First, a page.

After years of legal quibbling, artful stalling, and averted eyes, Canadian smelter Teck Metals Ltd. acknowledged a century of using the Upper Columbia River and Lake Roosevelt as an industrial sewer.
Teck Cominco, Teck Resources or Teck Metals, regardless of the corporate alias, the company admitted this week it had discharged 10 million tons of slag from its smelting process and hundreds of thousands of tons of heavy metals into the river at Trail, B.C., 10 miles north of the border.
The company admits that slag and effluent discharged between 1896 and 1995 made it to the Columbia from its smelter operations, and some hazardous substances were released into the environment within the United States.
The qualified confession came in the form of a legal stipulation filed Monday, a week before trial was to begin in U.S. District Court in Yakima.
- Mariners prospect hit by boat dies at age 20
- Costco will buy most farmed salmon from Norway, not Chile
- Low wages for aerospace workers despite tax breaks for employers
- Let's cut traffic by road rationing, Italian style
- A mom's tweet about Oreos in school stirs up culture wars
Most Read Stories
Moving a step ahead, the next phase of the trial, now set to start Oct. 10, will look at liability for damages under U.S. law, what must be done to deal with the pollution and how much the company might have to pay.
Over the years, the state Department of Ecology has had estimates that topped $1 billion to make things right from the border down 150 miles to Lake Roosevelt, the reservoir behind Grand Coulee Dam.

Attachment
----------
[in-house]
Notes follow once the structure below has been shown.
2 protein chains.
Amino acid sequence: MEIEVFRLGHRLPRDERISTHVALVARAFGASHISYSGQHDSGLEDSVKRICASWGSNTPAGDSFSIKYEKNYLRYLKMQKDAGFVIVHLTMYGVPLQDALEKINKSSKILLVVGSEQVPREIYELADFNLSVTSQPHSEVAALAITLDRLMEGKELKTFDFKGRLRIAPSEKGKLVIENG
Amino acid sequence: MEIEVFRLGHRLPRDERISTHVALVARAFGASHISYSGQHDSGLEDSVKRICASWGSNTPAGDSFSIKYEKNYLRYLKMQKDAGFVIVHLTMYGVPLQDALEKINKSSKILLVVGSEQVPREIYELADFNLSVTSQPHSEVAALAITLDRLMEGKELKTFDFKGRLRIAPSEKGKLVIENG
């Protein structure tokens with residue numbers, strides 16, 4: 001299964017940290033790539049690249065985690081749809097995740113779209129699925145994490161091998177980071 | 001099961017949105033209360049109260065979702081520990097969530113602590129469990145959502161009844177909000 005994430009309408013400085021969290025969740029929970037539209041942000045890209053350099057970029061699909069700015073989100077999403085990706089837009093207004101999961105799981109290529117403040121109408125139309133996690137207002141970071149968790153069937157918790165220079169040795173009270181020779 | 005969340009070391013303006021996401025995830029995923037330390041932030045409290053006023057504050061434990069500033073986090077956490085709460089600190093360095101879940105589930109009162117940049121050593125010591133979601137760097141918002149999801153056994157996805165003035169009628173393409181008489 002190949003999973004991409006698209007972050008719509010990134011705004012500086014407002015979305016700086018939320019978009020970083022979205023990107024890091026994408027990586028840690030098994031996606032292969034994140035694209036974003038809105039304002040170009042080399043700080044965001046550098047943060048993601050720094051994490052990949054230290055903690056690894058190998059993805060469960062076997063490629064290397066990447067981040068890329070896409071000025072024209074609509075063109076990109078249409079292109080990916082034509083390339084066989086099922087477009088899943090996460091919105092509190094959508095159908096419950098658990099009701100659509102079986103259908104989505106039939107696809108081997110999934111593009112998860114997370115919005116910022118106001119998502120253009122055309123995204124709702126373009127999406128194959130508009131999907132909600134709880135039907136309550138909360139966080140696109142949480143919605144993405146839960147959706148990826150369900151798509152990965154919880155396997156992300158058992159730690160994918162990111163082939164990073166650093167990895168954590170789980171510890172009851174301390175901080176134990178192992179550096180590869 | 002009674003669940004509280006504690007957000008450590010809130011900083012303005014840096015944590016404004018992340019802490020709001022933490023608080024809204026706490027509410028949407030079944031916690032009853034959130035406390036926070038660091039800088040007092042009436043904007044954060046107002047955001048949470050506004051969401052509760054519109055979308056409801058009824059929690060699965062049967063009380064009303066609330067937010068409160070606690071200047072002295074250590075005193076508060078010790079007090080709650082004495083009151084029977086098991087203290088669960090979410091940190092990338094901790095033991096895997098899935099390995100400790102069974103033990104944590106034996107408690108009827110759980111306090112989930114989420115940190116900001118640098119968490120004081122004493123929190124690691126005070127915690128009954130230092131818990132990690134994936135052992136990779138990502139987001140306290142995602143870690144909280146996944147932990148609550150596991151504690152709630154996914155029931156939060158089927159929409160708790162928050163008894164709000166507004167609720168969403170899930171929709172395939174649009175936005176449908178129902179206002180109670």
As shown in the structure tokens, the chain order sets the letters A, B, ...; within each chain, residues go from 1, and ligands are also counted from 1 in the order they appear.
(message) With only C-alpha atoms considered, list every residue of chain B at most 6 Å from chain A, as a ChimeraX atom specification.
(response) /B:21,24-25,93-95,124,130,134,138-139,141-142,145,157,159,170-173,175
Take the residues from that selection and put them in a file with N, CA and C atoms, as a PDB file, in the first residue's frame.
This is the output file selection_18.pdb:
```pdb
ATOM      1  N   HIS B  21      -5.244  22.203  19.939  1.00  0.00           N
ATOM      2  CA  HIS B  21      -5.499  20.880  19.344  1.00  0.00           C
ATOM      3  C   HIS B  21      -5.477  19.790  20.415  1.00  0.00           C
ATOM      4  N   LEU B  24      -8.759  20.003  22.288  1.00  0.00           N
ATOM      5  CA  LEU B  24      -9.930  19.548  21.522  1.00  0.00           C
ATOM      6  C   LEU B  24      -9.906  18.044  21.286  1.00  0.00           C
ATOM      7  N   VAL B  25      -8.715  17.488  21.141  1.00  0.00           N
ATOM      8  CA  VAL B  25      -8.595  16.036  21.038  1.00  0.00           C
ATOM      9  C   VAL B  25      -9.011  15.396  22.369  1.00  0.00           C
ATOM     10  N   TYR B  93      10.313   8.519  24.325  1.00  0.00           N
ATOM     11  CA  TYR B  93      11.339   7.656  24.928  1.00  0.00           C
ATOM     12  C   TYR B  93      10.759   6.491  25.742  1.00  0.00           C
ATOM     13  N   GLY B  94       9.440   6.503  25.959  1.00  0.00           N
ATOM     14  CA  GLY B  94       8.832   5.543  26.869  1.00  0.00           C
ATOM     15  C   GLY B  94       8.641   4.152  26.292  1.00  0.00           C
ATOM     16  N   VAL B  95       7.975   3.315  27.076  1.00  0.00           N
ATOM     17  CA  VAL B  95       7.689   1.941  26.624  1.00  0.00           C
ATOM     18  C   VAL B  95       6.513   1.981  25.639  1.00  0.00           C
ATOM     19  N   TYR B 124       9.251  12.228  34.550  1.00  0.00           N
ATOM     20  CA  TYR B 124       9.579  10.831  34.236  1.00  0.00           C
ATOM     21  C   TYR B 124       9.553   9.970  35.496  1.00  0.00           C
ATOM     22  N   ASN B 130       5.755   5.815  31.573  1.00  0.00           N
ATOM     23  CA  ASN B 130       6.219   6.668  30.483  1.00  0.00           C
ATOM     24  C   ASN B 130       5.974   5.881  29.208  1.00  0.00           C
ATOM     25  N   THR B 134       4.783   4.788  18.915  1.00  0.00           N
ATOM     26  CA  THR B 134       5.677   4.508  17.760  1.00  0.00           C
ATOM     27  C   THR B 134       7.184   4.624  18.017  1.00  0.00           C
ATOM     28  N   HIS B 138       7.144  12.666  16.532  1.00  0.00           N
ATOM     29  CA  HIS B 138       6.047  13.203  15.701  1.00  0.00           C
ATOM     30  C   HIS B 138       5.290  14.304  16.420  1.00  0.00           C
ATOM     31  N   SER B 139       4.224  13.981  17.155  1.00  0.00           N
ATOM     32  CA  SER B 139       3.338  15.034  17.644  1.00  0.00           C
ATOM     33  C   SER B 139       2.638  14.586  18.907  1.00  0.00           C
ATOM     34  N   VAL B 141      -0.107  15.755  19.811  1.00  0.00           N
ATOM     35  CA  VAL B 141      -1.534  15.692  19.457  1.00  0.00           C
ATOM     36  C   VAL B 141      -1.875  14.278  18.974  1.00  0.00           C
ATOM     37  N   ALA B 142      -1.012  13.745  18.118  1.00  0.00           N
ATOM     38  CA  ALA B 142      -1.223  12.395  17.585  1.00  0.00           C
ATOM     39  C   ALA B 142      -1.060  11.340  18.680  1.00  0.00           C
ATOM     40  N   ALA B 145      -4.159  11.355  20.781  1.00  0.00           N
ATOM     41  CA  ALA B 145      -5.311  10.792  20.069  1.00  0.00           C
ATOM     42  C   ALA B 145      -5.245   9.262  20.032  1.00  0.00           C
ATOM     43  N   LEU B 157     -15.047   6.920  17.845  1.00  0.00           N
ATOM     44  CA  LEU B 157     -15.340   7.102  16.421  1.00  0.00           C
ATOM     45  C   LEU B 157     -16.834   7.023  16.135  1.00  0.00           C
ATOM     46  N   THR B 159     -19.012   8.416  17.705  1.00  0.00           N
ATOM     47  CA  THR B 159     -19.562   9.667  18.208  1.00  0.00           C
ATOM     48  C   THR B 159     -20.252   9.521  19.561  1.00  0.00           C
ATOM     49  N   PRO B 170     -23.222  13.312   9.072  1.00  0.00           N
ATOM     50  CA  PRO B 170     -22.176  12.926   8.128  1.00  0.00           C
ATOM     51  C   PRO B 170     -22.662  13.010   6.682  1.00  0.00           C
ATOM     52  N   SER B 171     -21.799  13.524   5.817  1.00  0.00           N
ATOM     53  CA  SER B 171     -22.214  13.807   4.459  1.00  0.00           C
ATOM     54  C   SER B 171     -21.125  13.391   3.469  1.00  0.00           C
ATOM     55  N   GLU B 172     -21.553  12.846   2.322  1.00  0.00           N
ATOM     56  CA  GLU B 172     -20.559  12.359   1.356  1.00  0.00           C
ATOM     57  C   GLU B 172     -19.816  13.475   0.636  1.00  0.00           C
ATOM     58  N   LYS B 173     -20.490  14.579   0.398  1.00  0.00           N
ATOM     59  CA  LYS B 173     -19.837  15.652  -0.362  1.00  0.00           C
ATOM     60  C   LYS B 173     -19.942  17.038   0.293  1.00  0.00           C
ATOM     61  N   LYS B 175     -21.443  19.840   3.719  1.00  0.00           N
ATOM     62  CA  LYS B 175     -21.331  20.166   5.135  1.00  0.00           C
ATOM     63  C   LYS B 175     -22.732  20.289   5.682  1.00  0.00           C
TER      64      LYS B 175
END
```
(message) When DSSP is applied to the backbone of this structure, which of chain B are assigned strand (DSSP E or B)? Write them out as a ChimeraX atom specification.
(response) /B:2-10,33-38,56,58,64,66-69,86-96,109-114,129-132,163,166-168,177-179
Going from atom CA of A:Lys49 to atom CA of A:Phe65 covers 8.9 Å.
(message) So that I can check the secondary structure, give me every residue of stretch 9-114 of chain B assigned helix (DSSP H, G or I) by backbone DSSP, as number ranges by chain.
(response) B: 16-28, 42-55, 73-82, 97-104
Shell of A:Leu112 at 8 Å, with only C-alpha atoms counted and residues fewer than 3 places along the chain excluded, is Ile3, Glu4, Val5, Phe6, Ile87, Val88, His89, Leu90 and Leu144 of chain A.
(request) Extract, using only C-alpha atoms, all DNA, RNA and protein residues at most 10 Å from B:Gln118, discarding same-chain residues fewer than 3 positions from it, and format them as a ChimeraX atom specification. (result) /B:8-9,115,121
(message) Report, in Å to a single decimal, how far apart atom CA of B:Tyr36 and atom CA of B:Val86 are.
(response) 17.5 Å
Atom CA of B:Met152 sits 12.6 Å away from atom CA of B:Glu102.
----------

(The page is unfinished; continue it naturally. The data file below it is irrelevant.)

The language in the 15-page legal document is shocking to anyone not used to the boiler plate of calculated admissions:
“Between 1930 and 1995, Teck discharged at least 9.97 million tons of slag into the Columbia River via outfalls at its Trail Smelter. This discharge was intentional.”
Or Teck’s other fetid contribution to the Columbia River. “The discharged effluent contained lead, zinc, cadmium, arsenic, copper, mercury, thallium and other metals, as well as a variety of other chemical compounds … This discharge was intentional.”
The company will concede that this nasty stuff has leached into the environment, but wants to argue whether it has really, really done any harm. O benign mercury.
How accountability translates into pollution cleanup is a work in progress. The company, in a news release announcing an agreement “as to certain facts in Upper Columbia River litigation,” argues the slag downstream is “generally inert.” Not unlike Teck.
The Canadian smelter is still pecking away on a “remedial investigation and feasibility study” that began in 2006 under the supervision of the U. S. Environmental Protection Agency. That review of environmental conditions in and around the river is expected to be finished by 2015, according to the company.
No progress would be evident without the tenacious pursuit of environmental justice by two leaders of The Confederated Tribes of the Colville Indian Reservation, Joseph Pakootas and Donald Michel, who filed a federal lawsuit in 2004. They were joined by the state.
The legal skirmishing is not over. Four years ago, the U.S. Supreme Court refused to hear an appeal that Teck was not subject to the U.S. Superfund law. The smelter apparently intends to recycle that argument because, golly, how was it to know all that icky stuff would end up downstream in the U. S.?
Arrogance and cynicism are two additional effluvial emissions from Teck Resources Ltd. that will no doubt prove costly for the corporate treasury and stockholders as well.
Lance Dickie’s column appears regularly on editorial pages of The Times. His email address is email@example.com